In all that time, he has never seen demand for ammunition anywhere near what it is today.
Gun stores are reporting massive shortages in ammunition both locally and nationwide.
“We’re getting a lot of product in, but the demand is so much higher than the supply,” Woodbury said. “We’re even dealing with the distributors we usually don’t do business with because they charge too much for shipping and handling fees and their prices are too high. Of course, they’re the last people to have it because nobody’s buying from them. We deal with over 150 distributors and right now none of my distributors have any 9mm or .22 long rifle ammunition. None of them have any 223 or 556 ammunition.
“When they call you, you can’t even ask them how much (it is going to cost); you just have to say ‘I’ll take it,’” he added. “If you don’t, before you can ask them how much it is, somebody else has already bought it out from under you.”
Woodbury said the stockpiling of ammunition started around the presidential election in November. The Dec. 14th shooting at Newtown, Conn. and the possible government reaction to that also has sparked interest in firearms and ammunition.
Business has been so busy that Woodbury has hired two additional employees at each of his four locations in Crestview, Baker, Panama City and Pensacola.
“If you watch the news, all they’re talking about is gun bans, types of magazines bans, ammunition licensing,” Woodbury said. “Everybody’s just going crazy stockpiling ammunition. And when people go to the store and see the frenzy, it even drives them more to want it.
“It’s kind of like when you want a hamburger and you’re hungry and there’s not one around you, you’re just scouring the countryside looking for a hamburger stand and nobody’s got one,” Woodbury added. “The prices of course go up and it just compounds the problem.”
Kevin Camilli, who co-owns Grey Tactical Outfitters in Destin with Eli Caison, said he hasn’t been able to get ammunition in on a consistent basis for weeks.
“At some point I’ll get some in, but I don’t think it will be for a while,” Camilli said. “The government is buying a whole lot of it, which decreases the available supply. The munitions plants, there’s only a limited number of them, and every round they produce before it comes off the assembly line is already sold. When I’m putting an order in, I’m putting an order in for raw materials that haven’t even been mined yet. There is no stockpile of guns or ammo.”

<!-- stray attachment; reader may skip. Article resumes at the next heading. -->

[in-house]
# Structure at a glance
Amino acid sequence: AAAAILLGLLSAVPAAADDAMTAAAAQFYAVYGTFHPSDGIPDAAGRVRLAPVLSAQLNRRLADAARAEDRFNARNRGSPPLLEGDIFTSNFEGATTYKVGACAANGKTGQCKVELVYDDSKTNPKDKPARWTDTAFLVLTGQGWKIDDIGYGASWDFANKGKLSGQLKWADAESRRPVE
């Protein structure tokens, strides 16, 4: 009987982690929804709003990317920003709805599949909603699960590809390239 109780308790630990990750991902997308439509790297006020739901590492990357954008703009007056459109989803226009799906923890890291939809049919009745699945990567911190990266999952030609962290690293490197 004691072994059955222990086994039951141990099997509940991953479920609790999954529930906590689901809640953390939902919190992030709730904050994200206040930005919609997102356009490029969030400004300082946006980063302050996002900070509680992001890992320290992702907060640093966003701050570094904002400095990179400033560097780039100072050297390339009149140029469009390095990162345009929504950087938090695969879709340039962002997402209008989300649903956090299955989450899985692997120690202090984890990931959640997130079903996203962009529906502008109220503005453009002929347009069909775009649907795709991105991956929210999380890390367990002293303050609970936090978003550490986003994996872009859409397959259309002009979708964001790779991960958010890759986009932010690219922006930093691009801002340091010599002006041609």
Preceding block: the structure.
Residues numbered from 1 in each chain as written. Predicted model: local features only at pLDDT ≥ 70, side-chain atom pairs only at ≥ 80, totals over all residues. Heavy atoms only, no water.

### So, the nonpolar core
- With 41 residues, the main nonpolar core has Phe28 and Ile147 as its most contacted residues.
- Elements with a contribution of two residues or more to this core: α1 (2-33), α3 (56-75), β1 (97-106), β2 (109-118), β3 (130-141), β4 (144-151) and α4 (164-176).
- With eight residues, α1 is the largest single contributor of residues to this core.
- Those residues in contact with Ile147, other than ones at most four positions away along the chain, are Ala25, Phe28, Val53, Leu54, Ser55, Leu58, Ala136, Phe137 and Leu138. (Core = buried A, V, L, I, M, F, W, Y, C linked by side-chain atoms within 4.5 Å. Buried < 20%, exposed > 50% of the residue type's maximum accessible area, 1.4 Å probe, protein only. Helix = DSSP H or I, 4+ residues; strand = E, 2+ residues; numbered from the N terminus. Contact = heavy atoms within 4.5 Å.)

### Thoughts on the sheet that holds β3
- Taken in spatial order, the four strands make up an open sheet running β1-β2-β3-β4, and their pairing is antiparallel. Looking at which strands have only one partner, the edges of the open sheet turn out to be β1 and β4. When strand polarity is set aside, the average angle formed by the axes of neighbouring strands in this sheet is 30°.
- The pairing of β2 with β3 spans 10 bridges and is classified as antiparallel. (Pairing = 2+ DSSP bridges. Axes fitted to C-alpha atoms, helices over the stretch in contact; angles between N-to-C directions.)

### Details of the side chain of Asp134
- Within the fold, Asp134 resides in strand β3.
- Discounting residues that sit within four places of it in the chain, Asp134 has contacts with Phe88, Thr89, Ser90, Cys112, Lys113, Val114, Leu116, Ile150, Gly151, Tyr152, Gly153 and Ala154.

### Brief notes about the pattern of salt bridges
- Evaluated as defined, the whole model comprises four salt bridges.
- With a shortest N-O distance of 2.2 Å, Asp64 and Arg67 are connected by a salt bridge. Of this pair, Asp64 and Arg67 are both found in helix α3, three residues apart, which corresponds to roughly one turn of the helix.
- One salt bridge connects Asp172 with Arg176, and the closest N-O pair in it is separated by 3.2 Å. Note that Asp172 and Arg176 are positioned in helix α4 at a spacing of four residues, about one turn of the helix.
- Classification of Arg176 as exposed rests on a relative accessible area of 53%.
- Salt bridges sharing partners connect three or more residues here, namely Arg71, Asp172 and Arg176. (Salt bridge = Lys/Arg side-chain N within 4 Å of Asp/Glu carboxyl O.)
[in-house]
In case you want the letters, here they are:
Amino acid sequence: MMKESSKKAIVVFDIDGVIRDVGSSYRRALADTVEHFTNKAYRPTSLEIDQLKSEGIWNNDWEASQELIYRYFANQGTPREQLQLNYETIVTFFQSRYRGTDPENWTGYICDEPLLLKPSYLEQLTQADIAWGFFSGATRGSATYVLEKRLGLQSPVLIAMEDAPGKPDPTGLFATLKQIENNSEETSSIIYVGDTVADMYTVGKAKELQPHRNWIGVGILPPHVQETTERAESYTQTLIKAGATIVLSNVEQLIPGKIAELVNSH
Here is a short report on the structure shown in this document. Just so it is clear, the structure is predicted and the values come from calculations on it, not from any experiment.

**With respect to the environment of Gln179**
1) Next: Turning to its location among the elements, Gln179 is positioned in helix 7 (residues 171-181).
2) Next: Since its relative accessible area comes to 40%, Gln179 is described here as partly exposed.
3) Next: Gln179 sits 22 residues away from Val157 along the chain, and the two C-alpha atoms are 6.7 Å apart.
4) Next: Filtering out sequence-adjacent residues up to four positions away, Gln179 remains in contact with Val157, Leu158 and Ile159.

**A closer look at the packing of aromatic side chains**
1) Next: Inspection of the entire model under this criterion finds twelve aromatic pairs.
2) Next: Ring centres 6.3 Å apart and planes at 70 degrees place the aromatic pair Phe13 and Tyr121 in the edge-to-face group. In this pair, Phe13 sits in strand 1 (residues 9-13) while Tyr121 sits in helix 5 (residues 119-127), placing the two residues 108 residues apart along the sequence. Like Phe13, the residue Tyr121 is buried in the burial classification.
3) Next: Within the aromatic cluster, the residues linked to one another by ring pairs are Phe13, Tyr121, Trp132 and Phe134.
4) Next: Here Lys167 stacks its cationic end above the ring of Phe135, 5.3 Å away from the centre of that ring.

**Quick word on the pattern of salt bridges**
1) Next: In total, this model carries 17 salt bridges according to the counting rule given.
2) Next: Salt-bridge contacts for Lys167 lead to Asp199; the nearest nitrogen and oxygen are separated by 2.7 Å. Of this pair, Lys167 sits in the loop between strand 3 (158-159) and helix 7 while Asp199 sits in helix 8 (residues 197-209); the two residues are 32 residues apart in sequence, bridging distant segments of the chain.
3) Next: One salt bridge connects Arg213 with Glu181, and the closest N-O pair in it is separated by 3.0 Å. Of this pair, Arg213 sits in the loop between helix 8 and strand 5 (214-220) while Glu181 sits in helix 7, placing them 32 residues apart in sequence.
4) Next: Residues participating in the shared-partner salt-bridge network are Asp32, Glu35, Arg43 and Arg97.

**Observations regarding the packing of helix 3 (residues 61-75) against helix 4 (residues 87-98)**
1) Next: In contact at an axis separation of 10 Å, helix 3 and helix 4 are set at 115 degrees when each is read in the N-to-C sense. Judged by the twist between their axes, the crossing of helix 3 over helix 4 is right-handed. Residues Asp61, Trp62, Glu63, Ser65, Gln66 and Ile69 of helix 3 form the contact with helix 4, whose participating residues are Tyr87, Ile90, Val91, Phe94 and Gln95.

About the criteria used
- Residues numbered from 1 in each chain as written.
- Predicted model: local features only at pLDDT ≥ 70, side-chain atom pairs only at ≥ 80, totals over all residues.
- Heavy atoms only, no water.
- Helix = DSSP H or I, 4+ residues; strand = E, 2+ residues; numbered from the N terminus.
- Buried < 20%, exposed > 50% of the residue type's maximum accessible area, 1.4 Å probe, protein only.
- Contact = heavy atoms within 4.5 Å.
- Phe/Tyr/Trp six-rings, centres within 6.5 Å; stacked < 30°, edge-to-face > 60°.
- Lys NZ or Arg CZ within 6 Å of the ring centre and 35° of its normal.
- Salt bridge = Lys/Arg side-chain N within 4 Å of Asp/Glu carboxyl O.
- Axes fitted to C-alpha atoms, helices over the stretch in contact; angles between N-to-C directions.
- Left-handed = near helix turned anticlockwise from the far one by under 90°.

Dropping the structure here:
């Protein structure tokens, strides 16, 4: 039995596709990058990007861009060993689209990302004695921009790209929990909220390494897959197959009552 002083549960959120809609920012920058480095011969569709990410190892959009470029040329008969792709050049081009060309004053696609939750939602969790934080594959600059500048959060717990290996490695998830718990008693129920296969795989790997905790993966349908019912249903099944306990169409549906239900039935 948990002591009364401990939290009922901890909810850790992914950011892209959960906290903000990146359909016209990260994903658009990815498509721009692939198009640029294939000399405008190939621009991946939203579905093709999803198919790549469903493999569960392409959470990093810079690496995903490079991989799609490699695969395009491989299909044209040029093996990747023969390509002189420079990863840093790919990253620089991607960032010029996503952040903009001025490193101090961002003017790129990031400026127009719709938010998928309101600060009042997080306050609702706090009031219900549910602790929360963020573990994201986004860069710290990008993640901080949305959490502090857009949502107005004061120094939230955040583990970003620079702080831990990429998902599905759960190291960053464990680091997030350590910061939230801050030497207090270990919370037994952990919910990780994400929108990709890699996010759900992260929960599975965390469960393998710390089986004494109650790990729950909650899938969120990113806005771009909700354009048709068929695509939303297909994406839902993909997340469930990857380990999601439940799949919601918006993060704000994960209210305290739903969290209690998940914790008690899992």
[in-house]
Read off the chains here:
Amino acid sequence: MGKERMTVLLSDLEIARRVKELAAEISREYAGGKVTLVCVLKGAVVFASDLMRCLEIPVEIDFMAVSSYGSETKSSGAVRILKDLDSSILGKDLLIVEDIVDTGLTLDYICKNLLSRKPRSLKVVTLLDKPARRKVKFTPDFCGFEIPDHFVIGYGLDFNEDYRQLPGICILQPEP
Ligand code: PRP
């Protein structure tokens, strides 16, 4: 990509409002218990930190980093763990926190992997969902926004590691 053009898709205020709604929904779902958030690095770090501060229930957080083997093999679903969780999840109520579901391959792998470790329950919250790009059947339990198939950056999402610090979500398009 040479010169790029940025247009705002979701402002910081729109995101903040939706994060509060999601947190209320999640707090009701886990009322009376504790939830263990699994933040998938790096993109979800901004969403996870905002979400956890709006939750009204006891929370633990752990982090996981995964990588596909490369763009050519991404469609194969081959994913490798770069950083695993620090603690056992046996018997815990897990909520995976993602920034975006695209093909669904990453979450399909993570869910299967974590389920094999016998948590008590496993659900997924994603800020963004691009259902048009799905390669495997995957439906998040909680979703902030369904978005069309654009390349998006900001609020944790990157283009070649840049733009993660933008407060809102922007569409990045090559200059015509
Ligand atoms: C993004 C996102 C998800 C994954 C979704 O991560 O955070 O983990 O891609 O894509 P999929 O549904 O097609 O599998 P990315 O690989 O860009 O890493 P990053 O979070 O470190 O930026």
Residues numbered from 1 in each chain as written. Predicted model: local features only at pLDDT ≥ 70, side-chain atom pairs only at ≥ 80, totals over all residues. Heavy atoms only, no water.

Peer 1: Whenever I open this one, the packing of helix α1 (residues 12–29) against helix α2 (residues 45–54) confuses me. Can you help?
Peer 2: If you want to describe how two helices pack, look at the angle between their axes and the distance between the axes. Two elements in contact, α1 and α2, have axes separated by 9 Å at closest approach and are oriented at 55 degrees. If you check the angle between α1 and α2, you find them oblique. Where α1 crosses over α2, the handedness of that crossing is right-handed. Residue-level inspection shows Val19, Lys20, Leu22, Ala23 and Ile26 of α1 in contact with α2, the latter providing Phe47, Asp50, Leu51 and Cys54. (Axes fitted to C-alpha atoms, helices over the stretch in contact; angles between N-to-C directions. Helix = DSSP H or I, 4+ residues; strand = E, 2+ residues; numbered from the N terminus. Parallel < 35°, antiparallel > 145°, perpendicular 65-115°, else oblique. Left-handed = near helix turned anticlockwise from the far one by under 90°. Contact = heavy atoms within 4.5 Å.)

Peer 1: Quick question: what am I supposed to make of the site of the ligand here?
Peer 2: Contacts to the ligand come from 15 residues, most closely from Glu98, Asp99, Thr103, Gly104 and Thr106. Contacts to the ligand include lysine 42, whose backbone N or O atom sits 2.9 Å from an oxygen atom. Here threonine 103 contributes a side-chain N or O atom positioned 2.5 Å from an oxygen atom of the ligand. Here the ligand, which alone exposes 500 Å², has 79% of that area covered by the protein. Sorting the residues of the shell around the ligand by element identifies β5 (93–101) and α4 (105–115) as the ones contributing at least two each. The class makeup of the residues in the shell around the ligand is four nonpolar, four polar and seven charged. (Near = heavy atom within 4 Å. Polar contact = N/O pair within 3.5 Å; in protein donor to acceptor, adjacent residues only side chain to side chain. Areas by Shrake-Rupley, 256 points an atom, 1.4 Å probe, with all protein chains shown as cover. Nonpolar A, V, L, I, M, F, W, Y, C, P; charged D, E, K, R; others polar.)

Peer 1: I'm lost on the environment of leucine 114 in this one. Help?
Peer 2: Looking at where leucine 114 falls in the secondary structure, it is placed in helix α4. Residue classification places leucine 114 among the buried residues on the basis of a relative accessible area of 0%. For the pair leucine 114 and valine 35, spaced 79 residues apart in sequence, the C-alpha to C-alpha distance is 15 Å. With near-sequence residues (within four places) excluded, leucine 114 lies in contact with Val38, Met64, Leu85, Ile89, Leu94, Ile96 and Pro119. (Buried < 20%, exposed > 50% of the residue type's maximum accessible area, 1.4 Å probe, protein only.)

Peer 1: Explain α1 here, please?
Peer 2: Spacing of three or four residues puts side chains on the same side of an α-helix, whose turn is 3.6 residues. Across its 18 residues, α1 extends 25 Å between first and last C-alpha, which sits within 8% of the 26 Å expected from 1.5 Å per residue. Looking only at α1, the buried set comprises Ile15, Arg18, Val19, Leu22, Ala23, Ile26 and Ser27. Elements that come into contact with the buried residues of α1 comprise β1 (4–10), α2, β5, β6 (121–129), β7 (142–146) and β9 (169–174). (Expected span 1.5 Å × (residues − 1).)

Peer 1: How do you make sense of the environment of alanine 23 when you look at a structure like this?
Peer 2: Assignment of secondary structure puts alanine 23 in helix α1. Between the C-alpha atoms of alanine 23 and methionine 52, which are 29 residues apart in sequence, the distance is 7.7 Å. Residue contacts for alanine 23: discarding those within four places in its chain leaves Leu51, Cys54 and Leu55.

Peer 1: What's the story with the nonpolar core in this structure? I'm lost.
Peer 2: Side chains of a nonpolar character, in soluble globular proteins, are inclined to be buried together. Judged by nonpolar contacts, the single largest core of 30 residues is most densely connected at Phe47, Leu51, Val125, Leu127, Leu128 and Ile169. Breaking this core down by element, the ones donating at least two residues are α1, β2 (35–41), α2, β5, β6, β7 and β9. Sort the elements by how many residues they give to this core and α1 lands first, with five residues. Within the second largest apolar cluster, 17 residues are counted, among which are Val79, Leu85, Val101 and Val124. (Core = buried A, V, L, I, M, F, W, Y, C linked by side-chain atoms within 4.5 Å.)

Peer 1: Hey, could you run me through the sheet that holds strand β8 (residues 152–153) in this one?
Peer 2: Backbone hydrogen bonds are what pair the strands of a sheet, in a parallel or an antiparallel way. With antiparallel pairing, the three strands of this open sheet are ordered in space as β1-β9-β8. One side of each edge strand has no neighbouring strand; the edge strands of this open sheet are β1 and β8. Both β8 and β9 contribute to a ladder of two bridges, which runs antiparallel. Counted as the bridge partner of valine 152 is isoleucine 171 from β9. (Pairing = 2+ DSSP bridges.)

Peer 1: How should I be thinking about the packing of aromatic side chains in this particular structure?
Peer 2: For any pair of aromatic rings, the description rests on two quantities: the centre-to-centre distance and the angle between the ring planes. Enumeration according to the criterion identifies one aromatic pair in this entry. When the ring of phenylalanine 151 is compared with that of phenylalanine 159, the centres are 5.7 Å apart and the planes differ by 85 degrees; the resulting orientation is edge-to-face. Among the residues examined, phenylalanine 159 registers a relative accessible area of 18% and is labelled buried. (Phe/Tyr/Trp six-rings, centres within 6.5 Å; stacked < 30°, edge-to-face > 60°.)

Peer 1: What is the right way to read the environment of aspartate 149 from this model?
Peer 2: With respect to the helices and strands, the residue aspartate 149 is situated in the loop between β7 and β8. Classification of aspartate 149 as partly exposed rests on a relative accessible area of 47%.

Camilli is attending a gun and ammunition trade show in Las Vegas this week and plans to meet with the manufacturers to try to find out how long the shortage will last.
He said it was not just guns and ammunition that were selling fast, but also survival items such as water filtration devices, nonperishable food and medical gear.
At Ranger Firearms and Mercantile in Fort Walton Beach, store owner Virgil Zetterlind has had to limit customers to two boxes of ammunition a visit to try to make his supply last longer.
“People are concerned about what Congress and the president may or may not do in terms of gun control,” Zetterlind said. “A lot of it is the uncertainty behind that is driving people to stock up. I think once the legislative picture becomes more clear things will settle down.”
Woodbury said the military and law enforcement get top priority from distributors and get their orders filled first.
After that, the big box stores that buy millions of dollars worth of ammunition get their orders filled. Woodbury said it was more difficult for the smaller stores.
At Jay’s Guns, Woodbury said the waiting list is so long that most shipments of ammunition he receives already are sold out before they arrive.
“It’s great for business, but the thing I don’t like from a gun shop owner’s standpoint is that I don’t get to give my customers the attention and customer service they deserve just because it’s so hectic,” he said.
Contact Daily News Business Editor Dusty Ricketts at 850-315-4448 or email@example.com. Follow him on Twitter @DustyRnwfdn.